Schubert Death and the Maiden Review

Released 2006.  

BBC Review

It’s the first recording the Takacs has made for its new label Hyperion, and they...

Andrew McGregor 2006

Two great Schubert string quartets from 1824, written just after the composer had been hospitalised as the first signs of syphilis made themselves uncomfortably obvious, and while Beethoven was preparing a grand concert in Vienna to showcase his new Ninth Symphony. Schubert knew that he’d begun living under a death sentence, and he too was determined to leave major musical landmarks for posterity.

The ‘Rosamunde’ Quartet is a profoundly melancholy work, even by the standards of late Schubert, and the Takacs Quartet plumbs its emotional depths with an ideal balance of lyrical beauty, nostalgic longing, and terrible uncertainty.

Their playing in ‘Death and the Maiden’ is even more impressive; from the stark, vibrato-less opening, there’s no doubt that where in the ‘Rosamunde’ we might have been teetering on the edge of a precipice, here we’ve plunged into the abyss, and the Takacs don’t shrink from the anger and violence of the score. Yet somehow they manage to negotiate these elements without ever making an ugly sound, where some competitors throw everything to the wind to make their points.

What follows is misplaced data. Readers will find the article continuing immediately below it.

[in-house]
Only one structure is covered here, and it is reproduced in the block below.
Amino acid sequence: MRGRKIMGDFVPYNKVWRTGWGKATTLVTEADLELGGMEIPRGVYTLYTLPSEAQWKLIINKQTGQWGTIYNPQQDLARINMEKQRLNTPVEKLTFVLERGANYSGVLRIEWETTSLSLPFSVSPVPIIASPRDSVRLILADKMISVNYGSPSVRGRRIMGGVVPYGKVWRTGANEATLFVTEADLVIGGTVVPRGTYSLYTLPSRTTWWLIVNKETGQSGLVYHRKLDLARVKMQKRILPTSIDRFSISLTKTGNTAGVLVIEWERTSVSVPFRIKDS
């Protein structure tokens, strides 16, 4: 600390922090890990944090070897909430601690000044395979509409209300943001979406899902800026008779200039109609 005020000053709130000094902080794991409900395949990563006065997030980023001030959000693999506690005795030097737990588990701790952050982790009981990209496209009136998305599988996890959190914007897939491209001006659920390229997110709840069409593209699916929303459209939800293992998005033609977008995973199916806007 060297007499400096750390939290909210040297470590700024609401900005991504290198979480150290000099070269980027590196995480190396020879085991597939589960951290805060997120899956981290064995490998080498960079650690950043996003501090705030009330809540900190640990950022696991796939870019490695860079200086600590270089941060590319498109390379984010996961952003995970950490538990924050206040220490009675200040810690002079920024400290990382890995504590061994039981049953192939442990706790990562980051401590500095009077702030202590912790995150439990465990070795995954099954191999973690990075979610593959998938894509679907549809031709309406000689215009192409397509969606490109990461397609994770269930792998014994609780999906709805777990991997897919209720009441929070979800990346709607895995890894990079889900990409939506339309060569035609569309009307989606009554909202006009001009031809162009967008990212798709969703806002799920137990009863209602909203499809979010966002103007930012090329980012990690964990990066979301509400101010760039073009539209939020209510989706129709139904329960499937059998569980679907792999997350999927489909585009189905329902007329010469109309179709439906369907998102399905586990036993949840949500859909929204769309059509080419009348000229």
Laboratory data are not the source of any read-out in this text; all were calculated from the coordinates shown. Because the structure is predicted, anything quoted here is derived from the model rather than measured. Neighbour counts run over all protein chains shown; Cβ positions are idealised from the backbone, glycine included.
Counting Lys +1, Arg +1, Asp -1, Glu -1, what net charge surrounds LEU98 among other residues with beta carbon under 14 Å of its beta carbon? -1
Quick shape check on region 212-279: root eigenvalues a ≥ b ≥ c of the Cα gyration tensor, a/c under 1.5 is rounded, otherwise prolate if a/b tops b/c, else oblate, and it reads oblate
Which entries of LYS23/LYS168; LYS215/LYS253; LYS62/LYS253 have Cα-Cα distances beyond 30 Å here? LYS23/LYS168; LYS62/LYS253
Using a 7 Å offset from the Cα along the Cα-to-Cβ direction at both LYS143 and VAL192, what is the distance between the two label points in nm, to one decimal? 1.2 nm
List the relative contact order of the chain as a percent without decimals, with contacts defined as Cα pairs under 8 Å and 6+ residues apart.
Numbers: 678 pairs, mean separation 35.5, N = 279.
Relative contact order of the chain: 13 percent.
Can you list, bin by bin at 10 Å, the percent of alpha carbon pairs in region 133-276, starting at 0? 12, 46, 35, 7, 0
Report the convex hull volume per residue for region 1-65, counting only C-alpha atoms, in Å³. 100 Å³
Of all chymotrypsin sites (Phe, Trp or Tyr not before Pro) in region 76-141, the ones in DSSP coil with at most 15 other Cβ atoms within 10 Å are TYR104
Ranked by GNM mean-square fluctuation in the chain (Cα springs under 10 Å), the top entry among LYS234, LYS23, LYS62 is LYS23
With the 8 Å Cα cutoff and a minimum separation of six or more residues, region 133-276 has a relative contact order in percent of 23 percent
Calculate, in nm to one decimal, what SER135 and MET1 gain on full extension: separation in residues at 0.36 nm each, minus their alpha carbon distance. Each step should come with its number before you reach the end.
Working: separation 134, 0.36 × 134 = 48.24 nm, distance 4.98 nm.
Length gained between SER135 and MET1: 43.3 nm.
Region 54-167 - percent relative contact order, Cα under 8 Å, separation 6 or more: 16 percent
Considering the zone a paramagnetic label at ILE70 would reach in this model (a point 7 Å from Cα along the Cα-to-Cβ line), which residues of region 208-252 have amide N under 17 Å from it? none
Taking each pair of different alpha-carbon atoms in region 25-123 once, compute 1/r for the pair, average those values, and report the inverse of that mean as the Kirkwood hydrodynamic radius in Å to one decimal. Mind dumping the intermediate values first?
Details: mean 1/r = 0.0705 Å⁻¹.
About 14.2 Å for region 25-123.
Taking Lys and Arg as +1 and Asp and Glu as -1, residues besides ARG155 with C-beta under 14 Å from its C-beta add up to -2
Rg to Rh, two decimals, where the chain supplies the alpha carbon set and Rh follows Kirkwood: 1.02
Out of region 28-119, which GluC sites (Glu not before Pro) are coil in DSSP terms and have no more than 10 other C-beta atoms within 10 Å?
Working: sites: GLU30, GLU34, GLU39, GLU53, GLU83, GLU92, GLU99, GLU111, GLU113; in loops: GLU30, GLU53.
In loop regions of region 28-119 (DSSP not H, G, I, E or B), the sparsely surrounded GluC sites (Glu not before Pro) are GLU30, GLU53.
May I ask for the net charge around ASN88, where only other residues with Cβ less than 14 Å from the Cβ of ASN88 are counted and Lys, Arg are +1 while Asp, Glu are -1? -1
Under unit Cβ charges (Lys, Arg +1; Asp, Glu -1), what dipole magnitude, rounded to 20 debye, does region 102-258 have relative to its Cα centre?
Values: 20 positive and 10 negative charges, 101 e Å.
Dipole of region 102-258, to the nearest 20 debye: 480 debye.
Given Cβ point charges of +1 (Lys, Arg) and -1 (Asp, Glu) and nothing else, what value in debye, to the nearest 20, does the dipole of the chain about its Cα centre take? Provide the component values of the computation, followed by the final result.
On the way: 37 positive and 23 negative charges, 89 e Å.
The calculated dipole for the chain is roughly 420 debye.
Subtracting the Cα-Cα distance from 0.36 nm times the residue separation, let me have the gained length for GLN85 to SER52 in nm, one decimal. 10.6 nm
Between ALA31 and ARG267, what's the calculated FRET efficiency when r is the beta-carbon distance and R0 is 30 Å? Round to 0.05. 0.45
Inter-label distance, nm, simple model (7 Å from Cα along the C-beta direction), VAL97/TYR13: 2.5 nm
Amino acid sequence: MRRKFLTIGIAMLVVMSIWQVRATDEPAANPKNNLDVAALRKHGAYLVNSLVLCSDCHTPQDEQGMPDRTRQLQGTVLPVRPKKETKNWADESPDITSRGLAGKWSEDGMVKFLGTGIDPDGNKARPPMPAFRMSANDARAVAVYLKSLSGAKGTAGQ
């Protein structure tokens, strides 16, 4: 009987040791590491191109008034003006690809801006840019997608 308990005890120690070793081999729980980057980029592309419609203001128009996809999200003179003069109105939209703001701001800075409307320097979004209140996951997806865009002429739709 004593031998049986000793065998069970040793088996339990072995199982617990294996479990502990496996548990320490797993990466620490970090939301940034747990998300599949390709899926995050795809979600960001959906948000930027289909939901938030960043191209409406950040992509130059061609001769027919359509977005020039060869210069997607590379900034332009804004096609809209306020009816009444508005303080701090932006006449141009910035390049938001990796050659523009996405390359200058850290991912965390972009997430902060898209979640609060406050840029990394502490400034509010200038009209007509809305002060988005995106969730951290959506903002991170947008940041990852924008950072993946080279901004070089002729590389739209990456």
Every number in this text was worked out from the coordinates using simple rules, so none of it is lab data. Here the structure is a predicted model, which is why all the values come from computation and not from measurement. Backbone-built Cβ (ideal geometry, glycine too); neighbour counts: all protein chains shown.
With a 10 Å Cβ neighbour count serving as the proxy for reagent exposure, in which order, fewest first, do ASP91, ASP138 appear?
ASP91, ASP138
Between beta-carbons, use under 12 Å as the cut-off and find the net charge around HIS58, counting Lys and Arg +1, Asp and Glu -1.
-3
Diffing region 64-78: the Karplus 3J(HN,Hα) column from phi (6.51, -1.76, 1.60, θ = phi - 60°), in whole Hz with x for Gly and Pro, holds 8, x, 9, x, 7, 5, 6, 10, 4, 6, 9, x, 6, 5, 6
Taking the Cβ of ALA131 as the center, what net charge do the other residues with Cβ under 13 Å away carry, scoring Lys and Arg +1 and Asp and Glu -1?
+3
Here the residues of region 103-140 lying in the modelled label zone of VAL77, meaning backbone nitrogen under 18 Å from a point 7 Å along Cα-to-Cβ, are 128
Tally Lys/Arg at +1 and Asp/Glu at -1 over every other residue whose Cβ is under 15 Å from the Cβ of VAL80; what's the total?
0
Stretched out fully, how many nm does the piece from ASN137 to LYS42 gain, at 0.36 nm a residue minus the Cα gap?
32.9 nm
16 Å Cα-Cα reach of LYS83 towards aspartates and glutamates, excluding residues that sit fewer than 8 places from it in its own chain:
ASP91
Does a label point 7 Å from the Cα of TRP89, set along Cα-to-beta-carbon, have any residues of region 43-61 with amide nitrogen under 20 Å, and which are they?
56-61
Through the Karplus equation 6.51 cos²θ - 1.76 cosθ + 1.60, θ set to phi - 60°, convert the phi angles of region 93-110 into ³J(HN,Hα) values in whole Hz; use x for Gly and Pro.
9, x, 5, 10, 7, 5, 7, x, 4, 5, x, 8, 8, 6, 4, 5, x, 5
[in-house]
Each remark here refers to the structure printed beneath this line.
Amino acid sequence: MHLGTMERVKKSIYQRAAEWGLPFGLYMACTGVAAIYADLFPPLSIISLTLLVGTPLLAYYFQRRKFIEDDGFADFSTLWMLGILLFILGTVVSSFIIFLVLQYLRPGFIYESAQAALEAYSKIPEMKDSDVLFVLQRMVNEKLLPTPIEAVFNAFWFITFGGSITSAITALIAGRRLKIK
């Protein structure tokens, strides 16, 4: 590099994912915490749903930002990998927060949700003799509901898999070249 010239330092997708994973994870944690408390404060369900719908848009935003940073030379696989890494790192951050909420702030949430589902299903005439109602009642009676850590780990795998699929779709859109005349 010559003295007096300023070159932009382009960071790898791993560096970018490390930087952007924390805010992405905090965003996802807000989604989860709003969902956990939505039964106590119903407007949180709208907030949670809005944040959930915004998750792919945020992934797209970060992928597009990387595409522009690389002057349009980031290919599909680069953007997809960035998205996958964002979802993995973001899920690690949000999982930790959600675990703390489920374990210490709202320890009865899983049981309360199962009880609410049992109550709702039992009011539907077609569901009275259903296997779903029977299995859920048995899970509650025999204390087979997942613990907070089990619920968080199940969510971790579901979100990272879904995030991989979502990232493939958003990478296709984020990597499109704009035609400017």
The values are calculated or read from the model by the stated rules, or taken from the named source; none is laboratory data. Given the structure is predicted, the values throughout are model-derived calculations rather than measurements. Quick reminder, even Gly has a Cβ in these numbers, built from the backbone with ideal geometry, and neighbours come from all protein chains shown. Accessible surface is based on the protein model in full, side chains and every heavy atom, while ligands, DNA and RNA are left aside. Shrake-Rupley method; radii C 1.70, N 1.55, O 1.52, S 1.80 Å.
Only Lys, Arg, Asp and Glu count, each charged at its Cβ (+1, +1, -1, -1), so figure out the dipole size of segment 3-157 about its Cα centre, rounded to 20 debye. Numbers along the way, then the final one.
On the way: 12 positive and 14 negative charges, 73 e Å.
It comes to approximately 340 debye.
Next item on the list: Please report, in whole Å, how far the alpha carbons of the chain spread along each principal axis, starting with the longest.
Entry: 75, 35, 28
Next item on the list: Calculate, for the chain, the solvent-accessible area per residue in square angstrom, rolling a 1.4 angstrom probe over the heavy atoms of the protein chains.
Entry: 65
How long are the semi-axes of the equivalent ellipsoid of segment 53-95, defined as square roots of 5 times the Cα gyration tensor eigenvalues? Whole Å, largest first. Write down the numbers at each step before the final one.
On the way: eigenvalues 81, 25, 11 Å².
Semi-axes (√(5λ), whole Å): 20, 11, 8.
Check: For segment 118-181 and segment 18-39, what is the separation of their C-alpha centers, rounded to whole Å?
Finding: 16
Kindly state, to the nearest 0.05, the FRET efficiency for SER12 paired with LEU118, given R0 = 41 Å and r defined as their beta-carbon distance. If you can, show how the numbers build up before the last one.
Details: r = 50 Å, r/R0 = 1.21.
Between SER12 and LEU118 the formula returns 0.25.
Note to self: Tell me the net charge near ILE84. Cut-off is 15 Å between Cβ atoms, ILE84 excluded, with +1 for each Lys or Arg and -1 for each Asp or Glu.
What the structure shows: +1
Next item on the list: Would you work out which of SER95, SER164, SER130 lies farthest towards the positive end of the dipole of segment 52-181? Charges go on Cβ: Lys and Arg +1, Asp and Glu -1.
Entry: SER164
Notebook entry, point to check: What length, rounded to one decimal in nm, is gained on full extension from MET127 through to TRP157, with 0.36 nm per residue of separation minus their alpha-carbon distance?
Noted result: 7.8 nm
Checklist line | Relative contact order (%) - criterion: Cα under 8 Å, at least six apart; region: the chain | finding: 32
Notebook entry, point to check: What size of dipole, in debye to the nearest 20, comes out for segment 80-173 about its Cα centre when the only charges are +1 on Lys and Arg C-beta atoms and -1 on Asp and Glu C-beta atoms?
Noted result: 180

The ensemble, even with a new viola player, is impeccable - this is still a quartet that sounds as though it breathes and thinks as one – and some of leader Edward Dusinberre’s playing is intensely beautiful.

The recording is superb: up close and personal, so all the detail’s there, yet there’s enough ambient detail to stop it from becoming too invasive. It’s the first recording the Takacs has made for its new label Hyperion, and they must be thrilled with it.

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